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Oliver Twist


"Oliver Twist" (1838) is one of the best loved and darkest of Dickens' novels and presents some of the most memorable of Dickens' great characters, from the rascal antics of street urchin the Artful Dodger, the manipulative seediness of Fagin and the threatening brutality of Bill Sykes, to the kindness of prostitute Nancy and the innocence of Oliver, who escapes the horrors of the workhouse where he dares to ask for more, only to find himself taken in by a den of thieves in London's underworld. "Oliver Twist" is Dickens' first social tract and a significant development in his growth as a writer keen to appeal to the widest audience while discussing the most serious of subjects. Shocking for its time, it is a masterful expose of the inadequacy of the British Poor Laws and the evils that corrupted the childhood innocence in Victorian society...Based on the world-famous "Nonesuch Press" edition of 1937, the text is taken from the 1867 Chapman and Hall edition, which became known as the Charles Dickens edition, and was the last edition to be corrected by the author himself. "The Nonesuch" edition contains illustrations selected by Dickens himself, by artists including Hablot Knight Browne ('Phiz'), George Cruikshank, John Leech, Robert Seymour and George Cattermole. The new "Nonesuch Dickens" reproduces the original elegance of these beautiful editions. Books are printed on natural cream shade high quality stock, are quarter bound in bonded leather with cloth sides, include a ribbon marker and feature special printed endpapers. Each book is wrapped in a protective, clear acetate jacket. Hide synopsis

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Reviews of Oliver Twist

Overall customer rating: 5.000
by dmrohner on Mar 28, 2014

Prompt, well packaged, as offered, thank you. Prompt, well packaged, as offered, thank you.


"Please sir, I want some more"

by Angelina on Aug 9, 2007

Oliver Twist, a rich tapestry of English society in the 1830?s, is one of Charles Dickens' s best-known and well-loved works. In the first chapters, Dickens satirizes the hypocrisy and flaws of Victorian social institutions (under the Poor Laws of 1834) including the treatment of the poor, the exploitation of the innocent, the corruption of society´s government, its laws and criminal system. Oliver Twist journeys from innocence to experience without capitulating to the evil forces that hinder his progress and, thus addresses the pervasive problem of evil in society and human nature. Dickens uses Oliver's physical torment to evoke the reader's sympathy and incite his or her awareness of society's corruption. In doing so, he unearths the problem of evil as an ever-present force that dwells not only within the supernatural underworld of Fagin and Sikes but, ironically, looms in the most unsuspecting places, even in the very institutions established to aid society's poor. In Dickens?s descriptions, the words ?neglect? and ?decay? recur insistently. He uses irony, sarcasm and biting language. Interestingly, he doesn't suggest any solutions; he merely points out the suffering inflicted by these systems and their deep injustice. Readers, who appreciate a good read, would undoubtedly agree with Oliver's famous plea, "Please sir, I want some more"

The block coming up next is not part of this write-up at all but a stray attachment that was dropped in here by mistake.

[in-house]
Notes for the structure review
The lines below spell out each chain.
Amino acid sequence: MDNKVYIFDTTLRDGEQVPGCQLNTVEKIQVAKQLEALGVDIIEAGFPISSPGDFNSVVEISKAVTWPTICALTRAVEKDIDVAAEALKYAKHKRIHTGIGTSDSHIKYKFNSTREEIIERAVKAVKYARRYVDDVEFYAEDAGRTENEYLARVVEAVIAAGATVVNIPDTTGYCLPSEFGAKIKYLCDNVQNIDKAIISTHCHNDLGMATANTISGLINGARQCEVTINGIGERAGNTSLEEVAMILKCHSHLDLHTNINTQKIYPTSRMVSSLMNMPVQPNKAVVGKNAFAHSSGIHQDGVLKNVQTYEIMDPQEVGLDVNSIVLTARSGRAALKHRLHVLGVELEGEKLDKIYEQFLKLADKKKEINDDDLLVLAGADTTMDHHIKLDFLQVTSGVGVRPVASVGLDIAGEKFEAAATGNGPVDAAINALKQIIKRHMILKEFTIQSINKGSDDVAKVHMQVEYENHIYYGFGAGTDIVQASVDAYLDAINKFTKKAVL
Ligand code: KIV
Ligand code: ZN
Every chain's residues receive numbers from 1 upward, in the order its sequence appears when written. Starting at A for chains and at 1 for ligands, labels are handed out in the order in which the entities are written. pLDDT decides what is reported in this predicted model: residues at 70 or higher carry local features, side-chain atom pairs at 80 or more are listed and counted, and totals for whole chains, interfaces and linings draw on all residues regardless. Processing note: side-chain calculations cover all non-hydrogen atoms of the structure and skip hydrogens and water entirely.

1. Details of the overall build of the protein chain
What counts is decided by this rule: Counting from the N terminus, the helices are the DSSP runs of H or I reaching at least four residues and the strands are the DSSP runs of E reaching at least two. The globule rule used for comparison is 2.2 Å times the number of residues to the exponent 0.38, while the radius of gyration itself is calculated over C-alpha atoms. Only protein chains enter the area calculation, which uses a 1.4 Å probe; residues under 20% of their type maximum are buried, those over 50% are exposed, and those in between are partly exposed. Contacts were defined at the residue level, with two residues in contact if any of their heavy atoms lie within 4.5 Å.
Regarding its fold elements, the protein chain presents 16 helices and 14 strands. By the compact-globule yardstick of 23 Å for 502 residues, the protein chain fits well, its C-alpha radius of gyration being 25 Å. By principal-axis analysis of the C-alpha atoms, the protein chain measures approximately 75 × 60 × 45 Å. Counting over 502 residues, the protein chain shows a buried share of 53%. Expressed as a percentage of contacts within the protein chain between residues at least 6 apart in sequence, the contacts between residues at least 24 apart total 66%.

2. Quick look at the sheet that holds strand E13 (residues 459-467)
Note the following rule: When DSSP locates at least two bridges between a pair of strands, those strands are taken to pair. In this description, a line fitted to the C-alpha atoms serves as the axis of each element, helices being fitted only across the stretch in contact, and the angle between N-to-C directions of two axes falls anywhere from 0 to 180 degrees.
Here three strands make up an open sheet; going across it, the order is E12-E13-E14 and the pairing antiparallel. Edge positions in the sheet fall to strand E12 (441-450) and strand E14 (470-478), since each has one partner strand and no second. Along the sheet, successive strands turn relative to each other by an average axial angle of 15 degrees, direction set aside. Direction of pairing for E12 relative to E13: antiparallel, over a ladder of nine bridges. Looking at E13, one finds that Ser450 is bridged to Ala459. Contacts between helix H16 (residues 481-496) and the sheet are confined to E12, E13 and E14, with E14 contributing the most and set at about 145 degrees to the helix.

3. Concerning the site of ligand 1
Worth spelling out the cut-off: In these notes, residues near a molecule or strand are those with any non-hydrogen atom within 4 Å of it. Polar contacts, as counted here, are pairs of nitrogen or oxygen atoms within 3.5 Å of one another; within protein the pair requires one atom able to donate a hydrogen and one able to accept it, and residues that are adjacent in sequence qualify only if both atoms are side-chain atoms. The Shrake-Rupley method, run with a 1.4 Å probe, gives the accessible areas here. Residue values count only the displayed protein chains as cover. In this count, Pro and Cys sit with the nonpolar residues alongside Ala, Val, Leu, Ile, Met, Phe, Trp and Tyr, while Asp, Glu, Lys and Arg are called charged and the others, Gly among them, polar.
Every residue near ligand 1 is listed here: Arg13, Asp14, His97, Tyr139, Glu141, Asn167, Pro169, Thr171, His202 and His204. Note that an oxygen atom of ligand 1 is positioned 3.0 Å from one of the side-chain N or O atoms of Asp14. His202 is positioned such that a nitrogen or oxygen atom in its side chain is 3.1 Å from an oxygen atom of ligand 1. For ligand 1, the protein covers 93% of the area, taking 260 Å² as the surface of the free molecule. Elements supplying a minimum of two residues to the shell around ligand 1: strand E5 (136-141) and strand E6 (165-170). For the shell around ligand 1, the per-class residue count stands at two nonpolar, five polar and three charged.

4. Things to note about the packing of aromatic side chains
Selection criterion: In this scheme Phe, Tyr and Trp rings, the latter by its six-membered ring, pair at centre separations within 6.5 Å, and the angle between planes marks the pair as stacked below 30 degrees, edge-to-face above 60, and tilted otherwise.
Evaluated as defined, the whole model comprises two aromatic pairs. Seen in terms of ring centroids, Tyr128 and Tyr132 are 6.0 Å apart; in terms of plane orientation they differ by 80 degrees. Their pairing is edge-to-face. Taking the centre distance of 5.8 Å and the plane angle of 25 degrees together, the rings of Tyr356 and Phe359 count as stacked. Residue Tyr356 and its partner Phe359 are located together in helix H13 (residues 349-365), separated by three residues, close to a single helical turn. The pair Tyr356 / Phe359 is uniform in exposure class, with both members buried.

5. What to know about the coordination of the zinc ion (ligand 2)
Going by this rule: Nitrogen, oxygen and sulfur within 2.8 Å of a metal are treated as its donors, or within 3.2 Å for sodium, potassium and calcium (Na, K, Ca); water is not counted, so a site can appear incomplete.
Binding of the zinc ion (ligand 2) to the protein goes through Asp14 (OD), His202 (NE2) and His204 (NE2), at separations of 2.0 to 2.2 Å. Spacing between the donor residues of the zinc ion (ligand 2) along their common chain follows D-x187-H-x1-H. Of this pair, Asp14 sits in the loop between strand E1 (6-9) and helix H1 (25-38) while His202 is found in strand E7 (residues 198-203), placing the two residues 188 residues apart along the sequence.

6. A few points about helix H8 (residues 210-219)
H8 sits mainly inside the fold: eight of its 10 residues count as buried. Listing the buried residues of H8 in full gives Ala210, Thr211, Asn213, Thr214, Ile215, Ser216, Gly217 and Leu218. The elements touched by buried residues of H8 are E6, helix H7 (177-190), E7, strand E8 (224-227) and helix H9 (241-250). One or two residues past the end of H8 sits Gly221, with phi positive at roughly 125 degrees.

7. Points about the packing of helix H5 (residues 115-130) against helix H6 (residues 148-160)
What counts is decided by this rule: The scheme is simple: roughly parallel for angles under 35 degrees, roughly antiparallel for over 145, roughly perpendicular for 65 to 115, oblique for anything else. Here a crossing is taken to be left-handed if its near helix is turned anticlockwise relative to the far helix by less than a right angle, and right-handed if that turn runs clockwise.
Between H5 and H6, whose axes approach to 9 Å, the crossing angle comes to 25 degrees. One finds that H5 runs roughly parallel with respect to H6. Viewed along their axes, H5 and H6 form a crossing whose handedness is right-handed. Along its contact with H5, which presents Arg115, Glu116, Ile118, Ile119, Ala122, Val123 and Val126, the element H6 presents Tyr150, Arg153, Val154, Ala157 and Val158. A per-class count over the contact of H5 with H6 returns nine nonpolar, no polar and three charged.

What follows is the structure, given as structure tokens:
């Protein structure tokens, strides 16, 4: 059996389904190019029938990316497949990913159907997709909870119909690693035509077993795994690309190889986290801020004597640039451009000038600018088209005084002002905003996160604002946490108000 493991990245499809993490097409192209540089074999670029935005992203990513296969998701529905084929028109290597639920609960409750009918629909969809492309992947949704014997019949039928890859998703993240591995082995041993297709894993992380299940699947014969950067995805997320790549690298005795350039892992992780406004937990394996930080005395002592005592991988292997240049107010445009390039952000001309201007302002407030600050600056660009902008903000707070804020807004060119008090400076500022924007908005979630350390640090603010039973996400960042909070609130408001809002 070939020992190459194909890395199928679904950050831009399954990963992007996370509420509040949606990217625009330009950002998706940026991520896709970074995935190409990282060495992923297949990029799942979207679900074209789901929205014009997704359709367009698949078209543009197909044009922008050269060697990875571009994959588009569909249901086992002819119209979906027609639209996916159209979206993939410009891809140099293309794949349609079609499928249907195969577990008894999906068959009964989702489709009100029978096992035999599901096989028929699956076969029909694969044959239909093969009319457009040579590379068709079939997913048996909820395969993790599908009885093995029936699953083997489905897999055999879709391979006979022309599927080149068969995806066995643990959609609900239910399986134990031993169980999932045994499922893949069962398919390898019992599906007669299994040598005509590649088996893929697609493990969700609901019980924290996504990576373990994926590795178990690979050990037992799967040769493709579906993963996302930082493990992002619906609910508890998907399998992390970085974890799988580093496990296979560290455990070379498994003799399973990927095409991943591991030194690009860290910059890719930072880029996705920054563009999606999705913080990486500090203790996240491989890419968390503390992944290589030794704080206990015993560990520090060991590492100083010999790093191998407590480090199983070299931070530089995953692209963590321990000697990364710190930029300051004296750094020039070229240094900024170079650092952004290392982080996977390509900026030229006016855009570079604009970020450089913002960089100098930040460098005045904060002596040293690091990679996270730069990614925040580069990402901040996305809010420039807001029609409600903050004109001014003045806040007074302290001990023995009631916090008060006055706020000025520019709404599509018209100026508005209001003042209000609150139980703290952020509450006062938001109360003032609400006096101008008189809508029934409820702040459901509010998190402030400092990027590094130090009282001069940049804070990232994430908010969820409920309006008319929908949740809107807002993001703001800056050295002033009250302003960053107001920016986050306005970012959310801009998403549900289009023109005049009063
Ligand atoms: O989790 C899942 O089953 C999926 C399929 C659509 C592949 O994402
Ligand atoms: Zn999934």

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Oliver Twist by Charles Dickens

My book is an original copy,,,#313. I would like to find how much it may be worth to a collector. It was published by JB Lippincott in 1867, copyrite by Ticknor & Fields, 1867. The book also includes Pictures From Italy and American Notes. Its hardcover, on front cover has a debossed bust of C. ... Read more

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